Best to tell the Emperor he has no clothes before it’s too late

Leave it to The King Of Pop’s ex-wife to put meaningful perspective on this just-completed strange week when she revealed her then-husband confided he’d probably end up like her father, The King Of Rock & Roll.

Of course this makes me wonder if South Carolina Governor Mark Sanford had similar premonitions that he’d wind up like another once-powerful southern politician, Wilbur Mills, whose career was also derailed by a relationship with an Argentinian–Fanne Foxe. Between the onslaught of news about Michael Jackson’s tragic death and the unfortunately shrinking coverage of the comical Governor Sanford I had time to read an email from a former employee who was excited about a new career opportunity because he really liked his prospective boss and is certain he’d “learn an awful lot.” Nice to see Chris is still committed to learning because when I wasn’t doing all this reading, I was once again immersed in meetings at a company that apparently prefers to pretend rather than really make the necessary changes in its business.

Michael Jackson had some of the smartest, most sincere, loyal advisors ever assembled. As far as the public has been concerned, Elvis’ 1977 death was a summer stunner, just like his future son-in-law’s summer 2009 passing is. But apparently those who were “on the inside” are not overly surprised. Similarly, you can’t tell me that a state governor can actually disappear for an extended period of time without anyone knowing it. I wouldn’t have believed this before the Internet and I certainly am not buying it in this day and age.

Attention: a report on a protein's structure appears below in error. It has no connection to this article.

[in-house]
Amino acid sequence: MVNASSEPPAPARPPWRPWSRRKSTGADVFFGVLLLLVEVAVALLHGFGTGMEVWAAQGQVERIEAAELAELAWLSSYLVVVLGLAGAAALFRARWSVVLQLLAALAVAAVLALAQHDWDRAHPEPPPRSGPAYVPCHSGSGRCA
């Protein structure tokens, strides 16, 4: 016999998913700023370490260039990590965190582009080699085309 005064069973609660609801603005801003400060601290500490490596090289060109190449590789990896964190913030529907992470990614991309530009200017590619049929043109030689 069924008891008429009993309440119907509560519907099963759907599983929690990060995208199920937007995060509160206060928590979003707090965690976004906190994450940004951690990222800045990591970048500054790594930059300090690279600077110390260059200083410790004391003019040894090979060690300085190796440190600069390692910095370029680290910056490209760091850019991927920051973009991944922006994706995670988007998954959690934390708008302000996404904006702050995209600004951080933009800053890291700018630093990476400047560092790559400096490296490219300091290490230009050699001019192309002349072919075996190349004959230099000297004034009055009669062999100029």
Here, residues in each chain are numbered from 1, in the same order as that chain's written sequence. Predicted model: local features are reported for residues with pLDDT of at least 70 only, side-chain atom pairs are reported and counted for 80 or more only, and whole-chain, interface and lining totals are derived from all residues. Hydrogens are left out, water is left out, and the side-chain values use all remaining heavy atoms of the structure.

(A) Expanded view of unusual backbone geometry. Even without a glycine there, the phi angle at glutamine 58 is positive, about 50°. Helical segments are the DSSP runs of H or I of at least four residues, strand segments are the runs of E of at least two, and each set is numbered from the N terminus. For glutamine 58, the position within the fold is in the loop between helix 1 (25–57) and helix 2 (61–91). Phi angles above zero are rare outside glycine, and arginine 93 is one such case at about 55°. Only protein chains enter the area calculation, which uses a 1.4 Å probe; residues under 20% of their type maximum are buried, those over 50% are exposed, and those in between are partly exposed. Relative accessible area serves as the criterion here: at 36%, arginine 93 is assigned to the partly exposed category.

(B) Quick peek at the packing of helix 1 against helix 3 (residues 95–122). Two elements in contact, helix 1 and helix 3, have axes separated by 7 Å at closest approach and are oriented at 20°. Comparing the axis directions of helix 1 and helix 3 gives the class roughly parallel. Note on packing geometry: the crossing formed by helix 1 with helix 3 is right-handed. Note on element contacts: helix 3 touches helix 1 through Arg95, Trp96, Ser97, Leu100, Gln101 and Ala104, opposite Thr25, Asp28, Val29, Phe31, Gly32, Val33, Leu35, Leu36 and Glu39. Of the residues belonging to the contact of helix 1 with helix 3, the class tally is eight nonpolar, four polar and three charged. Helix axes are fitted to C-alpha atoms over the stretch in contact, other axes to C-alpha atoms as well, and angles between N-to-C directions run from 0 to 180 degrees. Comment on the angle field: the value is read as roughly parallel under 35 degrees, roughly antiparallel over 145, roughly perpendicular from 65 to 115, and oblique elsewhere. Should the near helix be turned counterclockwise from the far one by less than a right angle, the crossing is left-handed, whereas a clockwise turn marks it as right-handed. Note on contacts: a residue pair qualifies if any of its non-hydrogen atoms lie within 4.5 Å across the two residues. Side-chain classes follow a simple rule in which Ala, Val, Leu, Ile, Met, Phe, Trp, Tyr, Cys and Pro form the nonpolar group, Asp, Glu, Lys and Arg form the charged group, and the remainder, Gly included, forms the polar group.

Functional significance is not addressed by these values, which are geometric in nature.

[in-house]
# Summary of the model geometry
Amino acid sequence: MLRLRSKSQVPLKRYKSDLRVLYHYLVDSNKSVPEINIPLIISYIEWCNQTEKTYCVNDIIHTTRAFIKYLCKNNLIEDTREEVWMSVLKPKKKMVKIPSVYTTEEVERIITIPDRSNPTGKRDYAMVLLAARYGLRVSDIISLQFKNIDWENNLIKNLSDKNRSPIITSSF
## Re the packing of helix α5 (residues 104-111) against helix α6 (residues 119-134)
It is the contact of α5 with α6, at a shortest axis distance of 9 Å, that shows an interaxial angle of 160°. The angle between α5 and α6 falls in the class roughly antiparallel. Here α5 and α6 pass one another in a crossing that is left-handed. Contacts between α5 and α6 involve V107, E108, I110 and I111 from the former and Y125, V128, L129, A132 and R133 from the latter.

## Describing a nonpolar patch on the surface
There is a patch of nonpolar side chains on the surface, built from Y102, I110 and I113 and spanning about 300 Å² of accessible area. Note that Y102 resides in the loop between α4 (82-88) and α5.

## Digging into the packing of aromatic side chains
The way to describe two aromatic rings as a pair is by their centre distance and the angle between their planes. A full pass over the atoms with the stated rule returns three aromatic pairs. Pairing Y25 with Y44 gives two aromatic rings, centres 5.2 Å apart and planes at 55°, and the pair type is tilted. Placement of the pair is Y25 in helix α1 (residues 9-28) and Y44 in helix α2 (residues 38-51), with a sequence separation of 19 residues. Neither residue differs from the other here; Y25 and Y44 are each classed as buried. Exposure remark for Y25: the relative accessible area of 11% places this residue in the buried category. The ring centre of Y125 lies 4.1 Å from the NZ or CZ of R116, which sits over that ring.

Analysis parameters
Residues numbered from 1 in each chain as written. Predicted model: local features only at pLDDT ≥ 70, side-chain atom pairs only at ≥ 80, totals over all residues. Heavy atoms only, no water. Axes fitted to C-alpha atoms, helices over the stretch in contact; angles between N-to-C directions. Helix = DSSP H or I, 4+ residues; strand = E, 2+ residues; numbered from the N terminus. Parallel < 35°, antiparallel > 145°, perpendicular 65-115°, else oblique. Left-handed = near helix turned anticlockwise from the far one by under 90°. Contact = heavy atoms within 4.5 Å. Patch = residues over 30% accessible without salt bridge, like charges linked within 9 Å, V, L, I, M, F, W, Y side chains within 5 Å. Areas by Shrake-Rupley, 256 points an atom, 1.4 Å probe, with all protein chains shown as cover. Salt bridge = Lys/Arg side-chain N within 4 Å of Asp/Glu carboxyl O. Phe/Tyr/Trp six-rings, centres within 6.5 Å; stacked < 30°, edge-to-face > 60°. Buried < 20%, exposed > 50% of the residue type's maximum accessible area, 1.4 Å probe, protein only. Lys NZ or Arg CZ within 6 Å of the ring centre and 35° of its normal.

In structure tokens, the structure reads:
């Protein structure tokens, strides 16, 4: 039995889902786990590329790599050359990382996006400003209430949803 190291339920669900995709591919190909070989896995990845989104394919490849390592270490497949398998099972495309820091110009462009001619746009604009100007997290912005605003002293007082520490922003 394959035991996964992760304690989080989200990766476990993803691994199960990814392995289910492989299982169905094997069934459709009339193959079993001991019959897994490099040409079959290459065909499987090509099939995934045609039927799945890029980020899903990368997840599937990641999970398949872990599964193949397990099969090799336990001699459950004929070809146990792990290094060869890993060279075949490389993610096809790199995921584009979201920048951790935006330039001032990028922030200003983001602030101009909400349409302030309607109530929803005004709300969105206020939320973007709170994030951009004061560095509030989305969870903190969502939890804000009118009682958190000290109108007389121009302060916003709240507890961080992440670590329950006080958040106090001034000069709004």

So….how!??! And why is it that few actually attempt to or even do learn????? I’m truly convinced “History repeats itself” is a true cliche thanks to the stupid, lazy and gutless.

Reinforced by the company I referred to in the 3rd paragraph–one that will die a tragic death which will be greeted with the same shock for its suddenness as Michael Jackson’s was last week or Elvis Presley’s was 32 years prior–otherwise smart and capable people lack the courage to do their jobs.

Instead of telling executive management about all the company problems and screw-ups they are presenting news executive management wants to hear in a way they want to hear it. They’re all convinced the company is perched for a wonderful rebound “when the economy picks up” (which, by golly, they’re all certain is happening right now!). Meanwhile they’re rotting from within and are unlikely to see Labor Day.

When will serious minded professionals really learn that the embarrassment is not telling the Emperor he has no clothes, but in allowing senseless repeat performances of untimely and unnecessary mistakes?

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